There’s not much to say about Jon’s extraversion, except that it is generously displayed. The same goes for neuroticism, the one personality axis associated with negative emotions, except this is nearly absent. If anything, I quickly reasoned, it would be these emotions – fear, sadness, anxiety and guilt – that wouldn’t dare go anywhere near Jon.
To agree or to disagree
Which led me to the final challenge, that of determining whether Jon is as disagreeable as one might expect from a typical male, and how to frame this revelation in a way that does not pollute the spirit of conviviality we were enjoying (or risk a premature ending to the show). In between the small sips of fruity beer, I could smell myself sweat slightly. Being the principled obsessive that I am, I was more concerned with erring in public and delivering the wrong judgement than offending Jon with my higher-than average marks in disagreeableness. I don’t quite remember how I patched this up, but I’m sure there was a general contestation in the room. No wonder. Agreeableness is not just one of the five personality traits; it is that rare product of natural and sexual selection that makes our species rise above the dictates of our selfish genes. In its gentle form, agreeableness imposes itself on people to give them the capacity for kindness and benevolence, a desire for egalitarianism and social justice, and a motivation for human altruism and social progressivism.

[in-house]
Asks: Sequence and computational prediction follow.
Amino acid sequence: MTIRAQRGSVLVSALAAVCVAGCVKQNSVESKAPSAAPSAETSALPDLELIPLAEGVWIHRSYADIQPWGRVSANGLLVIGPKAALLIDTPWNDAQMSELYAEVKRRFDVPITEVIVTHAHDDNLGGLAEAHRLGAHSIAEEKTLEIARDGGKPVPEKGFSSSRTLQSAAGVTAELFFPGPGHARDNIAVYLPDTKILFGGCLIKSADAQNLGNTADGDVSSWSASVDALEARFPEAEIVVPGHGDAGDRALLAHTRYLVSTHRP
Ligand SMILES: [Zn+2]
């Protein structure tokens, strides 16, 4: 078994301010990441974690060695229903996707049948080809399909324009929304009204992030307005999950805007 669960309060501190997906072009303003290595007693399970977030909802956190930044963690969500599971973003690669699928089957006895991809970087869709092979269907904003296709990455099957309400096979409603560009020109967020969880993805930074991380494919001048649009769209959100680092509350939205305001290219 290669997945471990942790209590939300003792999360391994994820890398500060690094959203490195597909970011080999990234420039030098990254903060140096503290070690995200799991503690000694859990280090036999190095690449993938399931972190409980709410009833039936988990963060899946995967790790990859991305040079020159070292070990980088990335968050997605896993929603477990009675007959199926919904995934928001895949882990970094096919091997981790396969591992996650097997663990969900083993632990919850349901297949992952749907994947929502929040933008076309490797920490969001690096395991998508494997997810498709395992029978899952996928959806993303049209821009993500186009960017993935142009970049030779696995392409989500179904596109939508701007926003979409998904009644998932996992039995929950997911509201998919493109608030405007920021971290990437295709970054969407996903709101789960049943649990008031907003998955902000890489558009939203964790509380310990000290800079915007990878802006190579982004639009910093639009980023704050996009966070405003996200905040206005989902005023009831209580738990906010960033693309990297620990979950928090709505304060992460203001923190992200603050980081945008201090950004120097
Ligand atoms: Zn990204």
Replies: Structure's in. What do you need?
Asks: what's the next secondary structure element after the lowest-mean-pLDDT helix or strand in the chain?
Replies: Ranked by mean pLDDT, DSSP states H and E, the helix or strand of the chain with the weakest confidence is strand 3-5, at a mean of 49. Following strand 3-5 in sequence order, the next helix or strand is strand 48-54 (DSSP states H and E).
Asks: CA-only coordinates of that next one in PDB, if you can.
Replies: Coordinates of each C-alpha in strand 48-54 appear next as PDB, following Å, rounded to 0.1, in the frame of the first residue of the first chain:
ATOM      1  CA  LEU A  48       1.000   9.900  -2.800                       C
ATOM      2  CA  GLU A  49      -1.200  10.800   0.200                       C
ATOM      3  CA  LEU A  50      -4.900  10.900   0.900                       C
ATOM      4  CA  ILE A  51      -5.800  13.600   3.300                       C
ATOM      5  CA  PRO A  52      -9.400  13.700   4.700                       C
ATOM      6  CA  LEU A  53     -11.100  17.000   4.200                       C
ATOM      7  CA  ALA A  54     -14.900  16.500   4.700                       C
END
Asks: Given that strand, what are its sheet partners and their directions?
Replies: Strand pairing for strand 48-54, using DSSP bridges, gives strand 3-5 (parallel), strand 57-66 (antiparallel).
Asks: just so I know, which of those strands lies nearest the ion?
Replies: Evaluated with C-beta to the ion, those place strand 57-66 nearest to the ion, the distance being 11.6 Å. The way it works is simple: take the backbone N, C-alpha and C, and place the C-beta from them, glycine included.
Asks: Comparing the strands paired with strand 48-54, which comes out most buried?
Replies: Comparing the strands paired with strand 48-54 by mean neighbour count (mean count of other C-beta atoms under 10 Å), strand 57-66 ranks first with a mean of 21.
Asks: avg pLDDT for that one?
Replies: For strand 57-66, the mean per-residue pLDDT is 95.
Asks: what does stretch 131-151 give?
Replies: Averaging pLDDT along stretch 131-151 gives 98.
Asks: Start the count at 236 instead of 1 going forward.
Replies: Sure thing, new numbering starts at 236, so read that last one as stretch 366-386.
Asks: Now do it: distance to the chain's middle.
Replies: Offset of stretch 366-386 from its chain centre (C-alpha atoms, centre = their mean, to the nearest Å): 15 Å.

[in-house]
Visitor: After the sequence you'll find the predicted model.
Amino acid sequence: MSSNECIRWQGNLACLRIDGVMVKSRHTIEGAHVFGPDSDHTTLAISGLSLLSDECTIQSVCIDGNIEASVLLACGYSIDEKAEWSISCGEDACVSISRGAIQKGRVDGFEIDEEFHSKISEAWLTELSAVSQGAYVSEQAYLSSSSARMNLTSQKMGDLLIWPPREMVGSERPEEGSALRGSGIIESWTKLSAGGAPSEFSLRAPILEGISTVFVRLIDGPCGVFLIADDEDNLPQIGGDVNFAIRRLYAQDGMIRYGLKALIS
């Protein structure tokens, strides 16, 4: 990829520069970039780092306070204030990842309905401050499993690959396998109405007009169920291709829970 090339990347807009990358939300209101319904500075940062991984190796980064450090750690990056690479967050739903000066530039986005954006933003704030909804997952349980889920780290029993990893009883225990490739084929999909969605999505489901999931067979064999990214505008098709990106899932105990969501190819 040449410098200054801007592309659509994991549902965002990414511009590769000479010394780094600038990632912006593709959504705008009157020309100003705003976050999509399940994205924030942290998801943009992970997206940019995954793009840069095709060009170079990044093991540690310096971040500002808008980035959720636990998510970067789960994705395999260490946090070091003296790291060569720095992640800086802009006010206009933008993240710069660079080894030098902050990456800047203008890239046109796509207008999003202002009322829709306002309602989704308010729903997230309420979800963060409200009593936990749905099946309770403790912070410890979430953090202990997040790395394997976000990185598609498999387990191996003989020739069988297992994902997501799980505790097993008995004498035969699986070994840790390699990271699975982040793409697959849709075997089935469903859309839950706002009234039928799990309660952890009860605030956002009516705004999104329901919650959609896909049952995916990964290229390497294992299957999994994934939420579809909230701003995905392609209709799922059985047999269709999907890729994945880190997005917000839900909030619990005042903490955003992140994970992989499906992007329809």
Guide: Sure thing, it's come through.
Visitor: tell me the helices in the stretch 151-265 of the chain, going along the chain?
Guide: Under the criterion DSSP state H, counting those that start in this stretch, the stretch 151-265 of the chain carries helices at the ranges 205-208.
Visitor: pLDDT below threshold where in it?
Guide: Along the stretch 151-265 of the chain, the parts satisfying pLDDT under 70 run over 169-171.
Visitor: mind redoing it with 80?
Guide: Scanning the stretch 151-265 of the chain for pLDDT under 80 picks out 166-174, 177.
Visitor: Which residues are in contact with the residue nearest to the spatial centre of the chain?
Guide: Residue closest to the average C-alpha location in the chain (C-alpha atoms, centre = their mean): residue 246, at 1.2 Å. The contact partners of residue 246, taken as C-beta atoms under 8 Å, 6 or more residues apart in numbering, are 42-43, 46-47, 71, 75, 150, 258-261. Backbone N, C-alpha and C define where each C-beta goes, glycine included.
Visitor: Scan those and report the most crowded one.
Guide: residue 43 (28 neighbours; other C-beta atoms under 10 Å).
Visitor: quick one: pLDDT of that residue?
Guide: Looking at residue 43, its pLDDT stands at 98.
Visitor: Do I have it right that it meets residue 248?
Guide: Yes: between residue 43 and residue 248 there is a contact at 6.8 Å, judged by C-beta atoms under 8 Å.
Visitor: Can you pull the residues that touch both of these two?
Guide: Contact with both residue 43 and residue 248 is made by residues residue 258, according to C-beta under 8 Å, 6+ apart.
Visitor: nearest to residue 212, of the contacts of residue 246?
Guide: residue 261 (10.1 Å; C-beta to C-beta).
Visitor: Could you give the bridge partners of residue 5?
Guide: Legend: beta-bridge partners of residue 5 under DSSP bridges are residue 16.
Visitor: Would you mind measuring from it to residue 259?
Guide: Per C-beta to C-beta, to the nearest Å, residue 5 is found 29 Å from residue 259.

So here I was. Caught with no rocks in hand and sitting on a hard chair, in front of a man who, with all his volatility and capacity for dominance and aggression, had many stories to tell about the times in which he paid good attention to the mental states of others – as the 5-year-old personal bodyguard of a girl with Down’s syndrome, as a care worker with immigrants, as the teacher with ‘problematic’ children and with inmates, and as an inspiration to the brave men who follow him and Man Up. Not to mention anything of the fact that Jon had been kind enough to respect my wish to ban ‘inappropriate’ language during this episode.
I scanned Jon again, this time hoping to see the rating for agreeableness tattooed somewhere on his skin. Here was a male proud of his manliness and also a man that can be valued as a good friend and coalition partner. I could feel the processing unit in my head heat up. Secretly I thought of Jon as an agreeable person. Publicly I went for a more disagreeable version of the truth.
Finding the middle ground
I blame my conclusion on the fact that Jon and I differ in perspective and approach, and that although, as the science predicts, we can complement each other on many fronts, there will be matters on which it is best to keep a safe social distance. Having said that, there is nothing that prevents us from joining the forces of our strengths together, and share some of our openness. As evolutionary psychologist Geoffrey Miller advises, if, when it comes to the battle of the sexes, we can find a way to collaborate and to show people on the extremes that there is a middle ground, then we can be conscientious enough to care about our own fitness as well as that of others; extraverted only to the point that feels comfortable; agreeable with attention on where the boundaries should stay; and just a little bit neurotic with advantage. If it’s about exchanging insights on how we can create the type of narrative about the relationship between men and women that our children deserve to hear, then I’m in. As long as it’s just like my experience on Jon’s podcast: great fun.